FAQs


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Ceremony Music

What is prelude, processional, recessional, postlude etc?

Prelude Think of it as “welcoming music.”  By no means bland, this is harmonious music with a calm, often pastoral air to it, designed to set a tone of relaxed composure, alleviate the stresses of traveling, and – added bonus! – it lets the guests know by ear where the ceremony will be located.  We usually start between 15 and 30 minutes before the ceremony begins.

Processional refers to the formal entrances of family and bridal party (and groomal party?).  The word also is used to refer to the pieces of music we’ll play during these entrances.  These special entrances include:

  1. Family: Parents, grandparents, and any other family or honored guests
  2. Attendants: Bridesmaids and groomsmen and any flower girls and/or ring bearers
  3. The Bride

We often play a piece for family, then change the music and play another piece for attendants, then a third for the bride’s entrance.  Many couples opt for a single piece for family and attendants, if the processional distance is short and/or there are fewer than three or four people in each group.

Recessional refers to the formal exit of the bridal party including bride and groom and the bridesmaids and groomsmen; it also refers to the piece of music we play for this exit.

Postlude is the music we play after the recessional, as the guests exit the ceremony area.

How many songs do I need to choose for the ceremony?

For the ceremony, usually at least 2, and sometimes as many as 10.  Usually 3-5.  Here’s a very typical breakdown for a non-Catholic ceremony:

  1. First processional/entrance of parents and family
  2. Second processional/entrance of attendants including ring bearers and/or flower girls
  3. Entrance of bride
  4. Ceremony interlude, e.g. unity candle, sand ceremony, special song
  5. Recessional (exit)

Some couples like to strip it down to the barest elements, like so:

  1. Entrance for everyone including bride
  2. Recessional (exit)

It could be anywhere in between for you.  And for a full-mass Catholic ceremony, it’ll be much more involved, like this:

  1. First processional/entrance of parents and family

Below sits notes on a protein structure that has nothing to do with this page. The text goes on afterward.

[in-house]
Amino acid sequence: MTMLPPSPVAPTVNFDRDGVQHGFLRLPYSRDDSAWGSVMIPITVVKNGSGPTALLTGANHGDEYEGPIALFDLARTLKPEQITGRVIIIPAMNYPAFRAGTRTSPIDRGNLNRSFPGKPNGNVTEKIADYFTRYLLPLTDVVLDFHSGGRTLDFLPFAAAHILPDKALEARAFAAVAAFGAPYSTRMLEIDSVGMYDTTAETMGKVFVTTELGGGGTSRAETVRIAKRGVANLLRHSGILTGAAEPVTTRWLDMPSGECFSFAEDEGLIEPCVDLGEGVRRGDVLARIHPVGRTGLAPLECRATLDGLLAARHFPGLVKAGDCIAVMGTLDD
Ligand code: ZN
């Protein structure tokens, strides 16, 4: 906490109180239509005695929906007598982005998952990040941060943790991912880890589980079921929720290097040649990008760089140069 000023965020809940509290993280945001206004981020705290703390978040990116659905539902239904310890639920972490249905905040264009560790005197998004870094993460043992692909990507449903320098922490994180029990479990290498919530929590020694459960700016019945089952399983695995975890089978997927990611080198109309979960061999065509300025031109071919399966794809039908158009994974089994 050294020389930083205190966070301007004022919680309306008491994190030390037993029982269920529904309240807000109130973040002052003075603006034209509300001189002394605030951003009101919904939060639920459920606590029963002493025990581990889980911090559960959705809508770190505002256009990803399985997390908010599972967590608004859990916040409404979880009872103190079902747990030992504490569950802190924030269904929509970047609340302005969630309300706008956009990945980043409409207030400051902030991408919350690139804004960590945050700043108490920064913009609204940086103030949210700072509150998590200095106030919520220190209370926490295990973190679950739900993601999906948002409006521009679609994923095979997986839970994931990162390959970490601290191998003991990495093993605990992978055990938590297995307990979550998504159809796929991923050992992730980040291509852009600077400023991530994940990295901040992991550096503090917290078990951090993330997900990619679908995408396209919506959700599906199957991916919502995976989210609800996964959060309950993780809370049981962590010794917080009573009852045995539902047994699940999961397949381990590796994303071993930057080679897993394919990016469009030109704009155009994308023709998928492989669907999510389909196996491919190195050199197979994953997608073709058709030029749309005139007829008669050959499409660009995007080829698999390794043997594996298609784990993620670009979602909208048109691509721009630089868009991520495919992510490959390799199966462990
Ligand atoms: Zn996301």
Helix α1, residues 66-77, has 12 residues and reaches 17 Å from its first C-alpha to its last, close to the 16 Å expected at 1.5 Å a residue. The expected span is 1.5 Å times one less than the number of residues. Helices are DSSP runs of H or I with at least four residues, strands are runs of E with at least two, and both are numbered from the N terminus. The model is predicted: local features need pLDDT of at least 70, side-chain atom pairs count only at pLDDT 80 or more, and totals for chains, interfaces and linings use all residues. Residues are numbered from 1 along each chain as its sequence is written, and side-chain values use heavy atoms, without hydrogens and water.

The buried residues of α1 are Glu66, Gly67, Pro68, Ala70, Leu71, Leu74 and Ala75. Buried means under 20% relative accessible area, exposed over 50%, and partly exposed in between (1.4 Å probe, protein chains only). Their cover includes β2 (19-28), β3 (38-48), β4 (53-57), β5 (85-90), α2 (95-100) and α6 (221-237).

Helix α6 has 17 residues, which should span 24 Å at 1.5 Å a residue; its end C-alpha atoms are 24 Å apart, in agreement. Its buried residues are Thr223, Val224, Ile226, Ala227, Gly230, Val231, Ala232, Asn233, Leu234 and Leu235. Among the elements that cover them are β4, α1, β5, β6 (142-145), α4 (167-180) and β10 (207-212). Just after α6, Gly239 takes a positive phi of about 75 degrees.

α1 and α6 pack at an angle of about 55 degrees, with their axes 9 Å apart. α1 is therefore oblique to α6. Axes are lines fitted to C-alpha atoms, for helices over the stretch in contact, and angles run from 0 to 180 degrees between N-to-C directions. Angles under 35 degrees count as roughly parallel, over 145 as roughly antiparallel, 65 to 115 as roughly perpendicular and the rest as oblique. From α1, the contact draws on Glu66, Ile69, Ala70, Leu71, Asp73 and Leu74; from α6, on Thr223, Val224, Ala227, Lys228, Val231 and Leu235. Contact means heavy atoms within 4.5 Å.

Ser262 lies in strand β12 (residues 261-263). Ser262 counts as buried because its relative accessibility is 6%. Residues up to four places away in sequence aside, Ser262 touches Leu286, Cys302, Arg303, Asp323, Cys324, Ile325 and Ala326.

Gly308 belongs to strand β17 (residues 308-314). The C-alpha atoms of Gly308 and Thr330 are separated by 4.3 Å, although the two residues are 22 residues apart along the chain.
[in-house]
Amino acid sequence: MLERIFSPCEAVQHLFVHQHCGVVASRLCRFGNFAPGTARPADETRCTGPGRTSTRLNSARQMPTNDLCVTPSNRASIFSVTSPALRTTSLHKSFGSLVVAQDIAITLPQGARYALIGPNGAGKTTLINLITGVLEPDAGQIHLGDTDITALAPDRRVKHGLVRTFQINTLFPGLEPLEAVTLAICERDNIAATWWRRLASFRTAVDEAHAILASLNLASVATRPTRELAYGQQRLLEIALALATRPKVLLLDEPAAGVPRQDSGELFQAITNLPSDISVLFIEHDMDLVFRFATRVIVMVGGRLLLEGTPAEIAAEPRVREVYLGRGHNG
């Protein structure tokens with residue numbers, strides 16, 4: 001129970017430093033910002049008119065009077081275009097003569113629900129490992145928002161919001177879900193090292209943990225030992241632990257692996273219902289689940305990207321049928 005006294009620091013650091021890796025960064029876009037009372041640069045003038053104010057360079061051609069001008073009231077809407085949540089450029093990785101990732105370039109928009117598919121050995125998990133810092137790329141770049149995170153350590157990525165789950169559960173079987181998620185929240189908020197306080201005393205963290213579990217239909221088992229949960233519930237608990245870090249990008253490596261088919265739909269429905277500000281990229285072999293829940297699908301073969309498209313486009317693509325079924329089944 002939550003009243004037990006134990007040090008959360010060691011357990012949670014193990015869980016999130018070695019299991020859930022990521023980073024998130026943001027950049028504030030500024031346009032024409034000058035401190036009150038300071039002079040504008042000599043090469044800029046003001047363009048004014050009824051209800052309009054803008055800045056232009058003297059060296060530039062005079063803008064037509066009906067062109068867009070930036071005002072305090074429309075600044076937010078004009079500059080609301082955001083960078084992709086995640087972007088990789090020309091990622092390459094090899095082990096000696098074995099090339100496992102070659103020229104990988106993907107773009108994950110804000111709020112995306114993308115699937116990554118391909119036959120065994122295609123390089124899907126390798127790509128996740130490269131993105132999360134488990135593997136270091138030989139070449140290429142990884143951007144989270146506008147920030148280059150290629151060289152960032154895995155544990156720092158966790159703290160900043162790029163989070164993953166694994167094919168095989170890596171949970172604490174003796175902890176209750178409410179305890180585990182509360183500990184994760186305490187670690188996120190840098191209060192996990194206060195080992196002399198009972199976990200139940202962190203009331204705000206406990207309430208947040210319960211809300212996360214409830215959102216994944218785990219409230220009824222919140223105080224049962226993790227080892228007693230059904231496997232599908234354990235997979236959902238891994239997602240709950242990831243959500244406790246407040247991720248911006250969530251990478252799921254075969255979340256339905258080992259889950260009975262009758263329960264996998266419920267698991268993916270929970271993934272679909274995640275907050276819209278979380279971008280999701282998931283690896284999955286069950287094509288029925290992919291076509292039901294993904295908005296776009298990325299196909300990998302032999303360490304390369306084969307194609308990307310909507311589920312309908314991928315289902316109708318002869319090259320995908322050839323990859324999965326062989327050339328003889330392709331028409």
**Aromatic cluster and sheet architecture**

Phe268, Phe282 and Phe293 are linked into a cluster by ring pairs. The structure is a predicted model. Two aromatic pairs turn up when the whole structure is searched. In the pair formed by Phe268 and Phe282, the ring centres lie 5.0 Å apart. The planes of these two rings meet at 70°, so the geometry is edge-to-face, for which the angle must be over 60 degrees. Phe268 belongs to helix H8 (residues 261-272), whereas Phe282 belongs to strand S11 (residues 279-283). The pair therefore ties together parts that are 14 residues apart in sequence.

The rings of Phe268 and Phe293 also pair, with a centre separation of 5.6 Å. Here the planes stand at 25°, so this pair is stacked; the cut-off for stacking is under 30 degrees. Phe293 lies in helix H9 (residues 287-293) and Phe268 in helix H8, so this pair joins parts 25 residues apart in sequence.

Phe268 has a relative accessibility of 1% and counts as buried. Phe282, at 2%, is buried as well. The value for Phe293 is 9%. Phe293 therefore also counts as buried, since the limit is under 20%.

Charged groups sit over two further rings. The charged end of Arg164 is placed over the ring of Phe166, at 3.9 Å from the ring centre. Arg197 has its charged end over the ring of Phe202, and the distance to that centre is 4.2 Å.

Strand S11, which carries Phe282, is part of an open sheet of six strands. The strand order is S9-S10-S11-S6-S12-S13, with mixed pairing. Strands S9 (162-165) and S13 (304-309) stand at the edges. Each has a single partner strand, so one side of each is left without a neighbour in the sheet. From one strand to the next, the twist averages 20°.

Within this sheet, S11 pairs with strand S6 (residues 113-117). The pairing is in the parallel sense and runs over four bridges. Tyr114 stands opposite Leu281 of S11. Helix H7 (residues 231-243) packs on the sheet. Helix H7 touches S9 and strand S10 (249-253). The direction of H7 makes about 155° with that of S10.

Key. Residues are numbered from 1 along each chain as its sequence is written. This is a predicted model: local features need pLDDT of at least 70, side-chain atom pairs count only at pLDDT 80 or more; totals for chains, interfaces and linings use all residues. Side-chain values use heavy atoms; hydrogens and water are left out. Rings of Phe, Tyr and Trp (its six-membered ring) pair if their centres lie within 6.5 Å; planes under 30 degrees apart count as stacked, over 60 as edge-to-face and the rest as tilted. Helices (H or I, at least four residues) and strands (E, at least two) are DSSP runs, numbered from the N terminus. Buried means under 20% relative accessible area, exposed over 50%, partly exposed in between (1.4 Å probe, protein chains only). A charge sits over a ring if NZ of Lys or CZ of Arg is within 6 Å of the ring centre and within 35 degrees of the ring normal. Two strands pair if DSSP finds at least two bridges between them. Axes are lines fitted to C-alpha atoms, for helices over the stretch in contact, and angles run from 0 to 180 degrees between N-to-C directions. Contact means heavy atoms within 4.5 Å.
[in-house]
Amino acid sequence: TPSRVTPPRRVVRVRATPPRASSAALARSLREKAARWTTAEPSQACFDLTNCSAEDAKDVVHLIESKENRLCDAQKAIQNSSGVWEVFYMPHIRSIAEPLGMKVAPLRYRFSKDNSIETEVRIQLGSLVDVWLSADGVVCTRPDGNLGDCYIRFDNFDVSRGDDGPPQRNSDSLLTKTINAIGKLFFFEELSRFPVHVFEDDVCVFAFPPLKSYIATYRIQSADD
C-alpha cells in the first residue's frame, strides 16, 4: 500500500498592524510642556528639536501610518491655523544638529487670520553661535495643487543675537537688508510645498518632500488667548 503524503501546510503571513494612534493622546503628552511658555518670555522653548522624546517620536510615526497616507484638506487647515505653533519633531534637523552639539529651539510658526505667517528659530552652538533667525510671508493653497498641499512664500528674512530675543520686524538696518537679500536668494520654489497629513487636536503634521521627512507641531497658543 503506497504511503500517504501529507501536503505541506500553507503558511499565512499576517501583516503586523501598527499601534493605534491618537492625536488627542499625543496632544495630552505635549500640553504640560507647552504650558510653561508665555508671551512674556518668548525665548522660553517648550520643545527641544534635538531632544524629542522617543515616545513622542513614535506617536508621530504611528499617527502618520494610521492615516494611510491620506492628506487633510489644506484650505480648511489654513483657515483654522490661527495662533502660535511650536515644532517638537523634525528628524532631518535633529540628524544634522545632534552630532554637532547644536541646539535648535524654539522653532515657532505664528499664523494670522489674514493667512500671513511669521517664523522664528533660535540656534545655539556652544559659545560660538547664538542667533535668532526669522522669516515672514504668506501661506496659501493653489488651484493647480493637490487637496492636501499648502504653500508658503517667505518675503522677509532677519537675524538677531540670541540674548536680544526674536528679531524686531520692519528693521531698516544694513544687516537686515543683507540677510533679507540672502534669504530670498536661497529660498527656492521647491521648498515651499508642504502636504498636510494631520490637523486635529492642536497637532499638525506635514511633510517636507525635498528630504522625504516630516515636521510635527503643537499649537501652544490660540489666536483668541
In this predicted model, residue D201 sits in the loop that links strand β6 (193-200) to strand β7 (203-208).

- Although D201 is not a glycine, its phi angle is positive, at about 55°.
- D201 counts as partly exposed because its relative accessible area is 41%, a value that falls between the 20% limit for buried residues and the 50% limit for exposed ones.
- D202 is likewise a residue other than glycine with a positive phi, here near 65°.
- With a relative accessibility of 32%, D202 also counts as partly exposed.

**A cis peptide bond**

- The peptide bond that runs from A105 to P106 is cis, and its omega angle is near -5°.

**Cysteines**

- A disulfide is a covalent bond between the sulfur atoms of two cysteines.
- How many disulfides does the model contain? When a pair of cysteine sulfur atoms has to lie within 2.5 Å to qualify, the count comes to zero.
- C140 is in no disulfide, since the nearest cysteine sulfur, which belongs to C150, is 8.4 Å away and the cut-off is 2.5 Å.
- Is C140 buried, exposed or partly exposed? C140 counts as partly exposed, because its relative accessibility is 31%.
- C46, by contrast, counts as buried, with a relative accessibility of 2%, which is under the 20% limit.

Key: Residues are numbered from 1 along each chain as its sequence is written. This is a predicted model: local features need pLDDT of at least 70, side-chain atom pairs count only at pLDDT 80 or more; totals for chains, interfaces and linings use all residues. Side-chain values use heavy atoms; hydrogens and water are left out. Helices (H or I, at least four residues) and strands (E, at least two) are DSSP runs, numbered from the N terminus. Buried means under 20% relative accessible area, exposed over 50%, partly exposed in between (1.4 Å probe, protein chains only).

2. Second processional/entrance of attendants including ring bearers and/or flower girls
  3. Entrance of bride
  4. Responsorial Psalm
  5. Unity Candle
  6. Presentation of flowers to Mary
  7. Preparation of the Gifts
  8. Communion (this might take a while so it may be a good idea to choose 2-3 pieces)
  9. Recessional

And there may even be more – such as another candlelighting or remembrance or meditation… Your officiant will be of great use in determining the proper order of things, and figuring out where music can fit within the ceremony.

 

How will you know when to start the music for processional?

We’ll need a cue of some sort.  We always arrive at least 30 minutes before we are to start playing, in order to work out a cue with your coordinator and/or officiant.

Our very favorite and most elegant method of cueing is to have the officiant take his/her place at the front once the family, bridal party, and bride are all assembled and ready to walk.  Once we see him/her, then we’ll know to conclude prelude music and begin the first processional as the next piece.

How do you figure out the timing of processional songs?

We hear horror stories all the time about musicians not stopping when the bride arrives, creating an uncomfortable and awkward moment right at the beginning of the ceremony.

Please know that we will *never* do that.

This is the brilliant thing about experienced live musicians!  After ten years and hundreds of weddings we’ve developed a collective mind, and we can make any song sound like it was supposed to end *right there* – just as the bride arrives, for example.  We won’t leave you standing there waiting for the song to end.

We will, of course, ask you for a detailed outline of how many people are walking down the aisle to each piece of music and where they’ll be starting from, and we also benefit from a cue to begin the first processional.

Do you attend the rehearsal?

Because we rely on visual cues, watching while we’re playing,  it won’t make any difference to us whether we’re there at the rehearsal or not.   Because of inevitable scheduling challenges on Thursday and Friday evenings, we are not able to offer rehearsal attendance as a matter of course.